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Post-Christmas surge not yet as bad as Thanksgiving, but age of hospitalizations trouble Baker



Gov. Charlie Baker pulled on a mask, branded with the state's #MaskUpMA slogan, after announcing a series of reopening rollbacks and other measures like tightened facemask requirements on Dec. 8. [Sam Doran/SHNS]

Chris Lisinski

Massachusetts has not yet experienced a confirmed post-holiday COVID surge on par with the one that followed Thanksgiving, Gov. Charlie Baker said Monday, but he cautioned that conditions could still change rapidly.

Baker’s Monday press conference fell 10 days after Christmas, and he described the span’s impact as “different” than the same period after Thanksgiving. Between Dec. 26 and Jan. 4, the average positive test rate minus higher education repeat tests increased from 7.35 percent to 9.28 percent. From Nov. 27 to Dec. 4, that rate climbed from 4.86 percent to 7.48 percent. “I think the Thanksgiving thing was worse than this, but this isn’t over yet because we’re just a little bit past New Year’s,” Baker said.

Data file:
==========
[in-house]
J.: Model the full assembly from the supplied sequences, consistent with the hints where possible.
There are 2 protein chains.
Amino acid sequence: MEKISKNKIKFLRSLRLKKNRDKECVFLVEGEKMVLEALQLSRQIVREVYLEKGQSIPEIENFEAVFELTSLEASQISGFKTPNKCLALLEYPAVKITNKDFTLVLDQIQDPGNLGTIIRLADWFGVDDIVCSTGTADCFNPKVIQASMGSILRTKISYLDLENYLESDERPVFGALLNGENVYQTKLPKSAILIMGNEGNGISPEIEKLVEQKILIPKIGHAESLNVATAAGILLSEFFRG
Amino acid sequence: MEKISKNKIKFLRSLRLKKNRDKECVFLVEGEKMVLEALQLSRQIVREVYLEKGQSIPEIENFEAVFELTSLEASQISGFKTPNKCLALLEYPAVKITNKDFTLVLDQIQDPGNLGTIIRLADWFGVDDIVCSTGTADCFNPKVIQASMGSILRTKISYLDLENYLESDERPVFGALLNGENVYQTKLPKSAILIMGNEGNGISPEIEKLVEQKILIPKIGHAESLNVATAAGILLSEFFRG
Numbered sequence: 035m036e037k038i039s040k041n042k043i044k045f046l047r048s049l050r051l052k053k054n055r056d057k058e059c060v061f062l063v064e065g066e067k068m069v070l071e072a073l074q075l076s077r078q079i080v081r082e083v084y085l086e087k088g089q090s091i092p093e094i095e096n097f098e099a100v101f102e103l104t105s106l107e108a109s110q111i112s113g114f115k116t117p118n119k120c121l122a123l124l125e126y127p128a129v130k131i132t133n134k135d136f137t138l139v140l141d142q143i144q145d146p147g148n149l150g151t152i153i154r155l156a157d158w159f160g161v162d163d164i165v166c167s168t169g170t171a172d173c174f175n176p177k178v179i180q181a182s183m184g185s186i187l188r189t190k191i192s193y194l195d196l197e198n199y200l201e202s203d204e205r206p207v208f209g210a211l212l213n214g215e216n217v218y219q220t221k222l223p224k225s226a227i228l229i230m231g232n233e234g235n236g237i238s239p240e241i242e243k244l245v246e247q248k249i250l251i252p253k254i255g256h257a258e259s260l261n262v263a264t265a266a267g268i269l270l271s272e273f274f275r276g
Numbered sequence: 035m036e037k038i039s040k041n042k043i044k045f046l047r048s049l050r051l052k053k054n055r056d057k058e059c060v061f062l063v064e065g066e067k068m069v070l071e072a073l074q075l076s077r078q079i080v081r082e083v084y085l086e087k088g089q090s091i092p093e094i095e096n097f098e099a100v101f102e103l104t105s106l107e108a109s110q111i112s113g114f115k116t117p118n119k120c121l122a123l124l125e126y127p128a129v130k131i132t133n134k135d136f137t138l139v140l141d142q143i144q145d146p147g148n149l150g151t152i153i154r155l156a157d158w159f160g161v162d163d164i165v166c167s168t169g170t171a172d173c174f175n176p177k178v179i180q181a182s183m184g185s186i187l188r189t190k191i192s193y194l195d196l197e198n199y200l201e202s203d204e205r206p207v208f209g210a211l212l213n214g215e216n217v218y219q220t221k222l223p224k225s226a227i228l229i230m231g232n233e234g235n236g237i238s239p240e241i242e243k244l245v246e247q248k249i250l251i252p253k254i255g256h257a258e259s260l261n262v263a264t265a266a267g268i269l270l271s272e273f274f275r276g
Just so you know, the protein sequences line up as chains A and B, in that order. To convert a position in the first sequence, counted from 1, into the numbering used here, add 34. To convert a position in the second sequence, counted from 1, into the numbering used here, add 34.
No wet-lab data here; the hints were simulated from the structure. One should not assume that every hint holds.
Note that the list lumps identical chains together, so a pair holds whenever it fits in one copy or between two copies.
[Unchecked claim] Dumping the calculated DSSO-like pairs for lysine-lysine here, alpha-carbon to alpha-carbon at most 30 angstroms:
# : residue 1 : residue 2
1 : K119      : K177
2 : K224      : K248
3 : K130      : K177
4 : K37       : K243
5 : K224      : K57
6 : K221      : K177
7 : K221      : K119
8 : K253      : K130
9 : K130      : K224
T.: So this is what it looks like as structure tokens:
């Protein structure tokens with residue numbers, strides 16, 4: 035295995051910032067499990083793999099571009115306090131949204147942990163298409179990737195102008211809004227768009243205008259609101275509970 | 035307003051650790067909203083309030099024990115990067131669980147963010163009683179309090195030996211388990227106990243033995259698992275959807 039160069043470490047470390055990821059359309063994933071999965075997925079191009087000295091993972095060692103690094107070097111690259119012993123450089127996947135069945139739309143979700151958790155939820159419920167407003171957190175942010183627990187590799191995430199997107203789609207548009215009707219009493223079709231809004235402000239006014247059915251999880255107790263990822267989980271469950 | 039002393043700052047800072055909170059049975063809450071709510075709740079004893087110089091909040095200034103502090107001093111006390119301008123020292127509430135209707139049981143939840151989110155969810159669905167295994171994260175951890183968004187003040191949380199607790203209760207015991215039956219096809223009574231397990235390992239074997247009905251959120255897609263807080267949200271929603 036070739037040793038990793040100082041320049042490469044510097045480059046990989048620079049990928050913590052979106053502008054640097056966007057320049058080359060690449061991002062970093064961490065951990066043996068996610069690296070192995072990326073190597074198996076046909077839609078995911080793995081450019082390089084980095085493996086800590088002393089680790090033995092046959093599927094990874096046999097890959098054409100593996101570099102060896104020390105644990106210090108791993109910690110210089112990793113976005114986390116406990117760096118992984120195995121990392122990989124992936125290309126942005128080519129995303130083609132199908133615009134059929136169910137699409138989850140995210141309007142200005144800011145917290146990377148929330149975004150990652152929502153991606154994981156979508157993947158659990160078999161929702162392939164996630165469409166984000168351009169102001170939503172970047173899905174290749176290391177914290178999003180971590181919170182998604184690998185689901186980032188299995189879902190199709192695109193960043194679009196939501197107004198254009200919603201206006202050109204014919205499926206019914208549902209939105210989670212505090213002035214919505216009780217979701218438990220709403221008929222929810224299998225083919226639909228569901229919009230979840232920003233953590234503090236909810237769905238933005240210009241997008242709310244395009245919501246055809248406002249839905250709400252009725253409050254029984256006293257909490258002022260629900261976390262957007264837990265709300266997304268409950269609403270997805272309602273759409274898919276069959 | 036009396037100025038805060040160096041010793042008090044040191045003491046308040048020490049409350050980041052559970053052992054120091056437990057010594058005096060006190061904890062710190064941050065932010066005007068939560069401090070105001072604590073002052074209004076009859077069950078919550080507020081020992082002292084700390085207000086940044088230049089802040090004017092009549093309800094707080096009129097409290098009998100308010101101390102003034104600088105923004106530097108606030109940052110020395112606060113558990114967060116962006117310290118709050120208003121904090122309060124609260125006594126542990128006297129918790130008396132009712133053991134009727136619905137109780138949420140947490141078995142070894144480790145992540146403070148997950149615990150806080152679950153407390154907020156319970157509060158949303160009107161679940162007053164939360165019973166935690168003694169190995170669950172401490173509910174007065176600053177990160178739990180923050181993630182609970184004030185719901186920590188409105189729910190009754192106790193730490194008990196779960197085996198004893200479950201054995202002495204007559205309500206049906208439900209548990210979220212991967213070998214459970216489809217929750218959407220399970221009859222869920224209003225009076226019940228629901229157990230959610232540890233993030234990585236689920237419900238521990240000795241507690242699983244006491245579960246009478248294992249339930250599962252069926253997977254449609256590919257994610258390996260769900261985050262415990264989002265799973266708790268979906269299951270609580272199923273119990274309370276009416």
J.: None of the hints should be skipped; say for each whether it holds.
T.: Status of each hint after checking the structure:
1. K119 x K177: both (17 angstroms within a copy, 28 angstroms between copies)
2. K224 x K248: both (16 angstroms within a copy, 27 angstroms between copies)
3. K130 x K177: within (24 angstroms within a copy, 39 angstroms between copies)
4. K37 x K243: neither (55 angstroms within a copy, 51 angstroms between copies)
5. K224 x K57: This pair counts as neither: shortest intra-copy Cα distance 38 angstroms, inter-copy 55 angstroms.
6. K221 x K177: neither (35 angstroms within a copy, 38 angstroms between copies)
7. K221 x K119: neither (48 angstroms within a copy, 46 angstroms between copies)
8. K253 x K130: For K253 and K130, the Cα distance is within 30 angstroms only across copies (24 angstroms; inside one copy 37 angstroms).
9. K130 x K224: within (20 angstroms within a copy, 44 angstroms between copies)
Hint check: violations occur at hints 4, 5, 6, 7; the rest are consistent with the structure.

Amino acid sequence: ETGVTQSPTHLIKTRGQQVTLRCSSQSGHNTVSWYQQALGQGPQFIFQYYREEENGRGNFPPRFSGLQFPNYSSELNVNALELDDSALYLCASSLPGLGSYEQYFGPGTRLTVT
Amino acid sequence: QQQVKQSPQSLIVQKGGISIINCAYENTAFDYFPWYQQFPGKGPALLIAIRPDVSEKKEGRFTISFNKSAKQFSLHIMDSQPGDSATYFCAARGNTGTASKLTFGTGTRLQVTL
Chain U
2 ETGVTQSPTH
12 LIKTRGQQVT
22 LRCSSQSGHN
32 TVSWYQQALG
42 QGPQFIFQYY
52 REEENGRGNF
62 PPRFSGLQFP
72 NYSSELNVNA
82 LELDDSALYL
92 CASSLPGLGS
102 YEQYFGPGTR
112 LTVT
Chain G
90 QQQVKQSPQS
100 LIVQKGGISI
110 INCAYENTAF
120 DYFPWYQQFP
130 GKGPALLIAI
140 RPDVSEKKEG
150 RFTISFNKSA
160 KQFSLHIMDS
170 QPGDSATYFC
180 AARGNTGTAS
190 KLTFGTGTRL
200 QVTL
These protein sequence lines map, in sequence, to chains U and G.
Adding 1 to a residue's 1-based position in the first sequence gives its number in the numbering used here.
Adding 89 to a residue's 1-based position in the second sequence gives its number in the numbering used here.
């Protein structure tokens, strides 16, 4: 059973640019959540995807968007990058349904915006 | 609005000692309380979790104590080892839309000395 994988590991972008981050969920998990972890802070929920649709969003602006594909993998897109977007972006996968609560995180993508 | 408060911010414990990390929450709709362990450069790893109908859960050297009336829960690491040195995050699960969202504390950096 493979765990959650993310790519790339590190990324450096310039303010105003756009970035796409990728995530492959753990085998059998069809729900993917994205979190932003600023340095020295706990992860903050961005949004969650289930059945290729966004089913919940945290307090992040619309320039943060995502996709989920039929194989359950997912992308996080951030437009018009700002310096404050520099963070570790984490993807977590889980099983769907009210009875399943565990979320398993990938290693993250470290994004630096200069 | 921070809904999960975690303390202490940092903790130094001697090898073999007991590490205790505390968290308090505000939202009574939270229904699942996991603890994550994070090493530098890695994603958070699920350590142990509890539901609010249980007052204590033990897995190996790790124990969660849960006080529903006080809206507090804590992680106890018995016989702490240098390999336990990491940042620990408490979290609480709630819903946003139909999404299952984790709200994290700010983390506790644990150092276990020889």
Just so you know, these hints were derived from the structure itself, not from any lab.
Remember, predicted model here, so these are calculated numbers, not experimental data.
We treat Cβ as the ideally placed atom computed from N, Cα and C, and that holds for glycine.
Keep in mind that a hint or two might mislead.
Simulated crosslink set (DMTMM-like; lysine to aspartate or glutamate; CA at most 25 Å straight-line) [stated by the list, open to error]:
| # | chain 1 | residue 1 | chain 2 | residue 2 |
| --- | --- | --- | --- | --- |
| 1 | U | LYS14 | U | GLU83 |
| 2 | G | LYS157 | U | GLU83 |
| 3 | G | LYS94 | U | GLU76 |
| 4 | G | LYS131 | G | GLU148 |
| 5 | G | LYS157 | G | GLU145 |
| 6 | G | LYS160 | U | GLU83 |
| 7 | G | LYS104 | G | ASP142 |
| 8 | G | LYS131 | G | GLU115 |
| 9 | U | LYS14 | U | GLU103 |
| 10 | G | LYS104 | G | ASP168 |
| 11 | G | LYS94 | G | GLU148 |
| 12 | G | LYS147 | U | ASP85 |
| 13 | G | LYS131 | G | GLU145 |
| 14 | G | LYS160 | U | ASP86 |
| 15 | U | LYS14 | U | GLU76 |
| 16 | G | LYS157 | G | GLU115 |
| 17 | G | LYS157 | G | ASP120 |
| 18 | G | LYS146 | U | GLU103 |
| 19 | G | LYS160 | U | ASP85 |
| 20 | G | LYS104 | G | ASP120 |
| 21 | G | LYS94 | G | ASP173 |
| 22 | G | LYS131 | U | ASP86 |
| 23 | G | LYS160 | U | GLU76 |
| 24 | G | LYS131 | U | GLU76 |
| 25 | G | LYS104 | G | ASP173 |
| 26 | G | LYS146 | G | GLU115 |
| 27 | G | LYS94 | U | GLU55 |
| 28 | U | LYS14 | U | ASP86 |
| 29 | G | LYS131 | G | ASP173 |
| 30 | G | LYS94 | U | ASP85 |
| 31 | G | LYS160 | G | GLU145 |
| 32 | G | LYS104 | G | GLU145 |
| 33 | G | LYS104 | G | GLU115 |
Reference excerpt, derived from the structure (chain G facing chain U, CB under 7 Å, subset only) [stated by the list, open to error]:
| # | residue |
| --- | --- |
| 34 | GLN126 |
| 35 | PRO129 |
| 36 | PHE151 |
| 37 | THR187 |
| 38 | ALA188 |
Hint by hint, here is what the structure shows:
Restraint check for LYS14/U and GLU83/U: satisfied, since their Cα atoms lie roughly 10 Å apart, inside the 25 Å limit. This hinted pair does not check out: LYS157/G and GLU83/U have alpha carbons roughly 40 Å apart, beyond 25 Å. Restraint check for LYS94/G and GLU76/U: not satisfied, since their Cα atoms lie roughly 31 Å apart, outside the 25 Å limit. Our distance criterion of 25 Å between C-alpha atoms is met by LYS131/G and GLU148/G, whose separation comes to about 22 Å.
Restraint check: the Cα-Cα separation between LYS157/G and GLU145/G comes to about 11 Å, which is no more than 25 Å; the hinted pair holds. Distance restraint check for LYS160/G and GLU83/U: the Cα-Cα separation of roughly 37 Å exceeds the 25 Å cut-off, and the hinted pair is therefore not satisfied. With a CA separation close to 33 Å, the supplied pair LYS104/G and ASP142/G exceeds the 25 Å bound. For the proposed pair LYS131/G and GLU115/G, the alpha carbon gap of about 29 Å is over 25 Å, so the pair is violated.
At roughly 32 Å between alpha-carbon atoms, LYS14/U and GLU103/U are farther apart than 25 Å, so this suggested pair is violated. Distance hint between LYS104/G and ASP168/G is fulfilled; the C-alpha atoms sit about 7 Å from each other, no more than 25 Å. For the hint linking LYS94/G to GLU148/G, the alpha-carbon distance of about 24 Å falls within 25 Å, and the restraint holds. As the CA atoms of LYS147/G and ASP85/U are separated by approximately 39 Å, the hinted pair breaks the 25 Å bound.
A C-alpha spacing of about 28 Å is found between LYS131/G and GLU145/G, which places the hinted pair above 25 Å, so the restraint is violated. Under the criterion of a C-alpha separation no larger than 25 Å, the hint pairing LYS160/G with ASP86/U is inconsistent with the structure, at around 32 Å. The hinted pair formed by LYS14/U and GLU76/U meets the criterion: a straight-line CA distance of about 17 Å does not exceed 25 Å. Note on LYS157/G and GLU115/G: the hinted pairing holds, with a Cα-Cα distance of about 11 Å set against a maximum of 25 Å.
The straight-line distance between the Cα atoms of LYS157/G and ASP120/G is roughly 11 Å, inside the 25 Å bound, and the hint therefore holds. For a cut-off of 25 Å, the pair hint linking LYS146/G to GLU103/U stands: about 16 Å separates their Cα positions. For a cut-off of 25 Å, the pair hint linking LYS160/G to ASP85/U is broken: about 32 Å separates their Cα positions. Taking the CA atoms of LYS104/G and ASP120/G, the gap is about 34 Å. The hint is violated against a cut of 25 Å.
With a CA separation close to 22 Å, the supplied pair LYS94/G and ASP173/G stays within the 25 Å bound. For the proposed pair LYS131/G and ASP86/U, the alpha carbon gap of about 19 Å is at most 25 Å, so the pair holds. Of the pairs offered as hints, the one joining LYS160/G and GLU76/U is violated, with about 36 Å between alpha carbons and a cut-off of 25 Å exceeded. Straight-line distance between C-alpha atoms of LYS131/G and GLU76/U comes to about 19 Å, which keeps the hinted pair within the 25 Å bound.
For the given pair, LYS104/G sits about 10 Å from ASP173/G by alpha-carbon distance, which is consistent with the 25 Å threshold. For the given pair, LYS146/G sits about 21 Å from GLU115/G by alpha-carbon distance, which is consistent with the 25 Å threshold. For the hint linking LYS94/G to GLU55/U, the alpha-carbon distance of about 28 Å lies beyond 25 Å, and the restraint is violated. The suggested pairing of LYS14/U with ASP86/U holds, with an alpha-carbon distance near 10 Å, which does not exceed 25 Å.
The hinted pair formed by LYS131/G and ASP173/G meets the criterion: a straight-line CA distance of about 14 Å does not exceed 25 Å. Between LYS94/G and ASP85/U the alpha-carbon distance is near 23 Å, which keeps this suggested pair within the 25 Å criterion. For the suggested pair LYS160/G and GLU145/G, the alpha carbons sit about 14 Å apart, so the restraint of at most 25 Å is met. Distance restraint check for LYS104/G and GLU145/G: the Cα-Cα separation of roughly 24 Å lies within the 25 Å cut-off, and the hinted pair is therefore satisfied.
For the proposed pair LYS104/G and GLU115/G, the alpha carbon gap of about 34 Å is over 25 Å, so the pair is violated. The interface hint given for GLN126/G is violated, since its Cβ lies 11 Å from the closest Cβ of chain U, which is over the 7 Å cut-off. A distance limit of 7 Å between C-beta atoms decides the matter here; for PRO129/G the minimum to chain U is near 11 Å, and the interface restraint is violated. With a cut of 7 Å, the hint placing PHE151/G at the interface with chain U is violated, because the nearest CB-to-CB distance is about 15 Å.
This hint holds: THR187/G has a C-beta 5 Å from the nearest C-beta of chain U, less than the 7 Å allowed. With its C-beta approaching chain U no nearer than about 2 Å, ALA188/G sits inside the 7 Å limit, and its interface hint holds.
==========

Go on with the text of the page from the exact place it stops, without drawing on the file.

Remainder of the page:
“The thing that troubles us all the most is since Thanksgiving, the average age of the people who are being hospitalized has increased dramatically, and that has real consequences with respect to life and death.” That average age figure has increased from about 60 in early November to 73 now, Baker said. “If you talk to any folks in the health care world, they’ll tell you that that’s the thing that’s most distressing to them as well.”

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